How To Hot-Wire Your Enterprise Search Engine with Content Lifecycle Management

How To Hot-Wire Your Enterprise Search Engine with Content Lifecycle Management

Organizations all across the globe struggle with enterprise search. So much so that they hire search and taxonomy consultants to implement search projects or fine-tune their existing search engines for the best results. And for a while, it works. Then, the enterprise search engine relapses into its former messy state. There are two reasons why that happens:

  • Enterprise search is not a ‘set it and forget it’ project but a continuous enhancement effort to support changing user and business needs.
  • A good deal of problem lies in the inconsistent content quality or standard. Poor metadata, inconsistent tagging, lack of content correction or too much of it (multiple versions of the same document), information garbage–all this leads to a messed up enterprise search experience.

An effective content lifecycle management system tackles both these issues by keeping the information quality in check, which further helps train the enterprise search engine. It’s a process of administering your company’s content – its creation, publishing, and retiral.

This blog post focuses on the challenges in the way of content lifecycle management while also listing some evergreen practices that’ll help you maintain it over the years.

3 Biggest Challenges in Enterprise Content Lifecycle Management

1. Clumsy Information Handoff Between Departments

Cross-functional teams bounce various versions of documents on different collaboration mediums like email or chat. With no process and content lifecycle management in place, multiple documents get created that confuse users with contradictory information. Similarly, if there is no formal process to review taxonomy and metadata, it wreaks havoc on the enterprise search experience.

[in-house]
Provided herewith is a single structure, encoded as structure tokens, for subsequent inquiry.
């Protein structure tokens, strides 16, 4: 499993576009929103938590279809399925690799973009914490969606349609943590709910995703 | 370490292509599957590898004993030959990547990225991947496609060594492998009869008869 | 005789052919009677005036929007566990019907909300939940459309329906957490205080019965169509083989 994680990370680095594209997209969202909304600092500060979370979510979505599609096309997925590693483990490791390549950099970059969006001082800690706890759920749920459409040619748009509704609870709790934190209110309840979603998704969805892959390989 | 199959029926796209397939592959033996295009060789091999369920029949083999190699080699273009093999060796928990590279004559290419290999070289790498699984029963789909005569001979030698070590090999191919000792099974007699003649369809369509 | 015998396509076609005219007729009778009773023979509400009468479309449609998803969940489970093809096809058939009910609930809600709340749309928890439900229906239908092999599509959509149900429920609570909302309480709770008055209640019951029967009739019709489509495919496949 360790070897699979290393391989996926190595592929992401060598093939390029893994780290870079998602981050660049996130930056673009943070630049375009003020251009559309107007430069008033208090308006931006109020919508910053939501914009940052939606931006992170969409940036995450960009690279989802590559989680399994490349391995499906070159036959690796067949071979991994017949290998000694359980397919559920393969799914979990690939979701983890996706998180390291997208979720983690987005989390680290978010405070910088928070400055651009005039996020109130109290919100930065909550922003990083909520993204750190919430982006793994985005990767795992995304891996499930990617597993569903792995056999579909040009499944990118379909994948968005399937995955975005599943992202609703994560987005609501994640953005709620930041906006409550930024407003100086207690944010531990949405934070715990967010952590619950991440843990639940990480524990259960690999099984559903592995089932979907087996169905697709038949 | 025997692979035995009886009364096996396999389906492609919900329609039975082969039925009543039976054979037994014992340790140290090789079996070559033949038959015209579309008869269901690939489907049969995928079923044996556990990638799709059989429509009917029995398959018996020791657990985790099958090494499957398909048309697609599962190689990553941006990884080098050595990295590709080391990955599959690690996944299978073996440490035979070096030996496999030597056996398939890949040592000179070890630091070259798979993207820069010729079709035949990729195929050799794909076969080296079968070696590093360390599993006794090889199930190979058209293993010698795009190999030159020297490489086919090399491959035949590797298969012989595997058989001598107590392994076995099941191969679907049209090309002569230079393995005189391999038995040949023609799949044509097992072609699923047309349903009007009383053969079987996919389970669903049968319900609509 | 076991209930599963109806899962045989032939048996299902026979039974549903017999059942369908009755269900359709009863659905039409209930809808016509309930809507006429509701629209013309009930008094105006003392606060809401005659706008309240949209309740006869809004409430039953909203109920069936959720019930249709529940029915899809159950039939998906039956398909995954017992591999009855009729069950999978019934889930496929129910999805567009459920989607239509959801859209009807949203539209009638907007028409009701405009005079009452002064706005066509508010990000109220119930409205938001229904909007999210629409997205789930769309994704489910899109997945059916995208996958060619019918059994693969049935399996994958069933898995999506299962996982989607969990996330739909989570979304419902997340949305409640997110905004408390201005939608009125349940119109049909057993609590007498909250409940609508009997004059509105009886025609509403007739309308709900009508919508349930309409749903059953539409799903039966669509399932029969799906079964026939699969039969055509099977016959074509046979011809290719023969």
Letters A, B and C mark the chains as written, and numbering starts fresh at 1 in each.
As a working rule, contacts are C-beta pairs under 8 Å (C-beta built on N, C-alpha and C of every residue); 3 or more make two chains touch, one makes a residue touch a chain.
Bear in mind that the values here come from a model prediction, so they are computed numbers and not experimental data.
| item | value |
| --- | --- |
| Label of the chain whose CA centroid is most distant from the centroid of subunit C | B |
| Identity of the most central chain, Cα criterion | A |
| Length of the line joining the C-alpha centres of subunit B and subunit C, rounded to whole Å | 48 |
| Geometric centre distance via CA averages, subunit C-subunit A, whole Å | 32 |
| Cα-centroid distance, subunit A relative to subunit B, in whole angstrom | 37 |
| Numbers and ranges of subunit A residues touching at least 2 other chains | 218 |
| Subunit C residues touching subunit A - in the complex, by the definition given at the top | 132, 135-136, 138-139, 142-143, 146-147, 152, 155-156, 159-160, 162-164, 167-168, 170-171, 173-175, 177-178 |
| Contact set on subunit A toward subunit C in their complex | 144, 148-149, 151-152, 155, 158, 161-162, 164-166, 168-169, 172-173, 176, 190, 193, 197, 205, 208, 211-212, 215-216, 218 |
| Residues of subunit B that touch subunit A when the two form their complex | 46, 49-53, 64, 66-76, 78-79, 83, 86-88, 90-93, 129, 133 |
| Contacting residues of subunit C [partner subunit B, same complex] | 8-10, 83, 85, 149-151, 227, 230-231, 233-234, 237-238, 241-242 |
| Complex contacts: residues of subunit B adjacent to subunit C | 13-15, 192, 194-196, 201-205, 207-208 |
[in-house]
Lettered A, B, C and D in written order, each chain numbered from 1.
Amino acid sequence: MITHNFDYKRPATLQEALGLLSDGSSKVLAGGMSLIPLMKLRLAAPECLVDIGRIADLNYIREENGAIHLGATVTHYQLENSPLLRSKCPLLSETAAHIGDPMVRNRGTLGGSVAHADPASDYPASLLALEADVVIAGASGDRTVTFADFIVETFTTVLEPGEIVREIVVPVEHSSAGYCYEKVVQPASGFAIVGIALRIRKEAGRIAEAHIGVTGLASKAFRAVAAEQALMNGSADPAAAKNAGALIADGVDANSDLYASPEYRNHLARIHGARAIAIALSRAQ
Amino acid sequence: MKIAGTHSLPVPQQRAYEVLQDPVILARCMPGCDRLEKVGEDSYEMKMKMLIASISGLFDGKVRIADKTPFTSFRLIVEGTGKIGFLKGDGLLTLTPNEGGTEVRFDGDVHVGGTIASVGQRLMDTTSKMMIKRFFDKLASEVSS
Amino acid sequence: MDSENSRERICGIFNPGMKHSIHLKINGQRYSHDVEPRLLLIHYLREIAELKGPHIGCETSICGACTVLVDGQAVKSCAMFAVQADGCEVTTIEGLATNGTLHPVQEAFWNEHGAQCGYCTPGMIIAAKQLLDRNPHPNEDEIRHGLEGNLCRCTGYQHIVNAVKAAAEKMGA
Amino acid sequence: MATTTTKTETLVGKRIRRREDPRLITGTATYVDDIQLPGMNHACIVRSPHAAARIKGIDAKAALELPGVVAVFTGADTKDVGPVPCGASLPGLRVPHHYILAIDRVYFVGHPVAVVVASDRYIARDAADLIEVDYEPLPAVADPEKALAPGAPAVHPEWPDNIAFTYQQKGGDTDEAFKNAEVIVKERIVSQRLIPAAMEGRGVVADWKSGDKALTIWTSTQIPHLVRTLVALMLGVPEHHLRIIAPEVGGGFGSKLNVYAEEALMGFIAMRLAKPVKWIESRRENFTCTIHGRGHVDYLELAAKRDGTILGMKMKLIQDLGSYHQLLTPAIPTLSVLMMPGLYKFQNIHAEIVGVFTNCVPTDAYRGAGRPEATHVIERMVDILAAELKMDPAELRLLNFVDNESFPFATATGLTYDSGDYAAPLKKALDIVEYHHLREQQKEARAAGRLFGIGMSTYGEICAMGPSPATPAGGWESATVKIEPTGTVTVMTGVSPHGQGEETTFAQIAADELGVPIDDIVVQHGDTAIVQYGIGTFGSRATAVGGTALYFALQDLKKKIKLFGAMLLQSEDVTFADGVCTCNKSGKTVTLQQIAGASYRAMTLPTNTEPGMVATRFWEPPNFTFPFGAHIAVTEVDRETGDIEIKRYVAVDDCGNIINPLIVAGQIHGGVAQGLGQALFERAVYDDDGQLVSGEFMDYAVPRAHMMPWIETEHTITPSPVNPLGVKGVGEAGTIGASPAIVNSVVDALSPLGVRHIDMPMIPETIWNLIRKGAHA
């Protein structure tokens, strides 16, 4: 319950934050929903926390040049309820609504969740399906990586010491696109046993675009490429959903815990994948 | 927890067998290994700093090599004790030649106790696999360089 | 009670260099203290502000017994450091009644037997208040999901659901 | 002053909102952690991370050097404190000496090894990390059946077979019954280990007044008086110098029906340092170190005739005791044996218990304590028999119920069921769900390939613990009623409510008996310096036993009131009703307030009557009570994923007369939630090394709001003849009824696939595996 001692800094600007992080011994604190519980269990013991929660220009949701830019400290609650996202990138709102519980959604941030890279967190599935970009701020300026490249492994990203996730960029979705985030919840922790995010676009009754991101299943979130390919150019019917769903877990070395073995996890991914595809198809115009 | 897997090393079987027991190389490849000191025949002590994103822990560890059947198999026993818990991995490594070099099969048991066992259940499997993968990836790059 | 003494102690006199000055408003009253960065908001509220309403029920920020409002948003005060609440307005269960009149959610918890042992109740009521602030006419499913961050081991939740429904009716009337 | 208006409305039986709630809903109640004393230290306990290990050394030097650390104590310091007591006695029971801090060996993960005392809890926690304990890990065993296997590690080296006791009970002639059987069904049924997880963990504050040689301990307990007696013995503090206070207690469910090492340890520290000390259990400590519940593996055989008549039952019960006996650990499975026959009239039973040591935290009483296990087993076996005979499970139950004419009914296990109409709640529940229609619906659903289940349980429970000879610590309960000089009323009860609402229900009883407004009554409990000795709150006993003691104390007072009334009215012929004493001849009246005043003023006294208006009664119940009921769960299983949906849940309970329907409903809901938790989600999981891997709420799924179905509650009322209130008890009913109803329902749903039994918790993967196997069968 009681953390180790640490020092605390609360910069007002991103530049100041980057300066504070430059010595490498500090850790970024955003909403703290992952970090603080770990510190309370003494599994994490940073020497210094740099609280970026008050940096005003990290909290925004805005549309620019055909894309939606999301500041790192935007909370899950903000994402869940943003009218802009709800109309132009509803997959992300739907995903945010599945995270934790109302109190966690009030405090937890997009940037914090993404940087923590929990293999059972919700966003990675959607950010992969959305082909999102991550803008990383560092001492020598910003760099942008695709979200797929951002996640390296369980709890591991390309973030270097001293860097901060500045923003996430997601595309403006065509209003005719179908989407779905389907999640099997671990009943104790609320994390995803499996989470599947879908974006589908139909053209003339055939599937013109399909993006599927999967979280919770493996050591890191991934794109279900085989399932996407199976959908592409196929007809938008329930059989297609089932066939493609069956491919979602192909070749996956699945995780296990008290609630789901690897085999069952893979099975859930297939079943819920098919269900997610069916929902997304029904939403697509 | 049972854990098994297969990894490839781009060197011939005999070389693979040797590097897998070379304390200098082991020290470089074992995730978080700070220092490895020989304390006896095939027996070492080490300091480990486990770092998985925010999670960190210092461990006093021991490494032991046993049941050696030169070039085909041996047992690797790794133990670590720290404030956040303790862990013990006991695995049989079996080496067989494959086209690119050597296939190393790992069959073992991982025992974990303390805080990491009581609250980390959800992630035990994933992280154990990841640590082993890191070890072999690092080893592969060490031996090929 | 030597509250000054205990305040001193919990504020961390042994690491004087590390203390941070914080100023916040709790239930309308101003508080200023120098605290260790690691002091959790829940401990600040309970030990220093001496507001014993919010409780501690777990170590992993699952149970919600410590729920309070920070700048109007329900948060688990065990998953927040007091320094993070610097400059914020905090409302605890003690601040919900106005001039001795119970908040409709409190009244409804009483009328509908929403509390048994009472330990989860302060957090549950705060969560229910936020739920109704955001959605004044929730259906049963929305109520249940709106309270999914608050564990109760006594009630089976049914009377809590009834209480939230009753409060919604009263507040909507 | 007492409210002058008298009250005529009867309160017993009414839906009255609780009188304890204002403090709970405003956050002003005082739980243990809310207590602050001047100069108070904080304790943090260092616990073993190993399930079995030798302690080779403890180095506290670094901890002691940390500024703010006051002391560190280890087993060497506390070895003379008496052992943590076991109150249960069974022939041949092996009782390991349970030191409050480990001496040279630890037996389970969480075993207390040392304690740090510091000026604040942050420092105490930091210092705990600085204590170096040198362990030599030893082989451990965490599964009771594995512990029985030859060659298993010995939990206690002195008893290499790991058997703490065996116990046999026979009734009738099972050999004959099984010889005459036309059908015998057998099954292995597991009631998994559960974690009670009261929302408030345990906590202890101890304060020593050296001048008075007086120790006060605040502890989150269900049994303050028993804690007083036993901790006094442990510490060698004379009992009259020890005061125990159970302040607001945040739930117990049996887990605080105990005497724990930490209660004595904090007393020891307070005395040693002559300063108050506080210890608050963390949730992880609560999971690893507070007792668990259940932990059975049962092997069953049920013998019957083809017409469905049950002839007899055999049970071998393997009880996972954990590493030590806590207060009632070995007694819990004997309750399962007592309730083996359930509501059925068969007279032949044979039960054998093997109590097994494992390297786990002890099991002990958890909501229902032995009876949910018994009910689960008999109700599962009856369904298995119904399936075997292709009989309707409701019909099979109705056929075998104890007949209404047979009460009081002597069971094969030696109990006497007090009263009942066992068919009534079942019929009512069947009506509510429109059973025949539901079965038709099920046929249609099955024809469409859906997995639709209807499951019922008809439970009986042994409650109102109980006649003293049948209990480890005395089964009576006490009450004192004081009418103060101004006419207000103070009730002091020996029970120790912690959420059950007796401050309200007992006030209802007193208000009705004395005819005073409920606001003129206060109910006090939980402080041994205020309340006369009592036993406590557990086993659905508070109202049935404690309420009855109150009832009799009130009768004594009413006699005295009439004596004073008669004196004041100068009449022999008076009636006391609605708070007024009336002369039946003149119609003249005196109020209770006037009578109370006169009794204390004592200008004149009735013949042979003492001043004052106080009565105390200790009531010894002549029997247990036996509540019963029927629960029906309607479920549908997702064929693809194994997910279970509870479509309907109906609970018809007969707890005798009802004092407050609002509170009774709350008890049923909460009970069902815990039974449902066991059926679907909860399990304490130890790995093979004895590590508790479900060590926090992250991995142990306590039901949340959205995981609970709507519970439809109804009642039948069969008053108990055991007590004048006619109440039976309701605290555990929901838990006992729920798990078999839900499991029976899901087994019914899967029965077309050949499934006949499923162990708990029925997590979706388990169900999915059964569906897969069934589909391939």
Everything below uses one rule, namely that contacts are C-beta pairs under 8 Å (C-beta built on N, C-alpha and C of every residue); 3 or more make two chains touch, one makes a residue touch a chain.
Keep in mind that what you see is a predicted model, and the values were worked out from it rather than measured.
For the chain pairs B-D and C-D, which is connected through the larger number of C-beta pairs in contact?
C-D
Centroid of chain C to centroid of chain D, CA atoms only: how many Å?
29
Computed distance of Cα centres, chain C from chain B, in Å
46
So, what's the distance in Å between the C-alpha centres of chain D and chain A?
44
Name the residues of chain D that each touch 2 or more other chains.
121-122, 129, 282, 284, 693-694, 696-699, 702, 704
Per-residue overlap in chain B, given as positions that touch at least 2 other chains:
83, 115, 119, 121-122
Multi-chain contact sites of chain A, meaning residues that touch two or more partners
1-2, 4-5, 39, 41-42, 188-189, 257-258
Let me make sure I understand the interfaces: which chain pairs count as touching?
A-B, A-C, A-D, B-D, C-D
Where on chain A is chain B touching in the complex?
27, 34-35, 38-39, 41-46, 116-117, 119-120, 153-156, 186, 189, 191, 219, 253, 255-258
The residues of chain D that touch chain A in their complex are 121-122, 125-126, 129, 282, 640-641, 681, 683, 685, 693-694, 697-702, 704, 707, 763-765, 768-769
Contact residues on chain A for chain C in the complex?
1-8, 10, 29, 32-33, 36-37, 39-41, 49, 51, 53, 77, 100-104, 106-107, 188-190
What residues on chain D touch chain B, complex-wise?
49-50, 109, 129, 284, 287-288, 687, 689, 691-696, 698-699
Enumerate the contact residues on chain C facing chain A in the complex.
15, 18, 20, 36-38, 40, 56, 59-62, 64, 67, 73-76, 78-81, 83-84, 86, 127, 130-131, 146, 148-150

2. Inconsistent Taxonomy as Content Passes Through Multiple Teams

If the engineering team calls an app chatbot while other teams refer to it as a virtual assistant or bot, your enterprise search engine is bound to have a hard time connecting the dots. Some advanced engines powered by AI and machine learning can map synonyms to deliver relevant results. But even these AI models have to be consistently trained and fine-tuned as new words and users surface. And all this will be much easier if uniform taxonomy and content standards are in place.

3. Scattered Content Across Multiple Channels

There’s plenty of structured and unstructured data scattered across multiple channels like blogs, CRM, documentation, social media, etc. This makes it difficult to keep track of the content quality. Imagine you updated a feature of your product and simultaneously revised the documentation. But what about the blog post someone wrote about it a year ago?

These challenges might seem obvious but over time, they end up creating a chaotic enterprise search experience that is far from user expectations. Now, let’s look at some interesting ways to maintain content lifecycle and avoid getting trapped in poor enterprise search.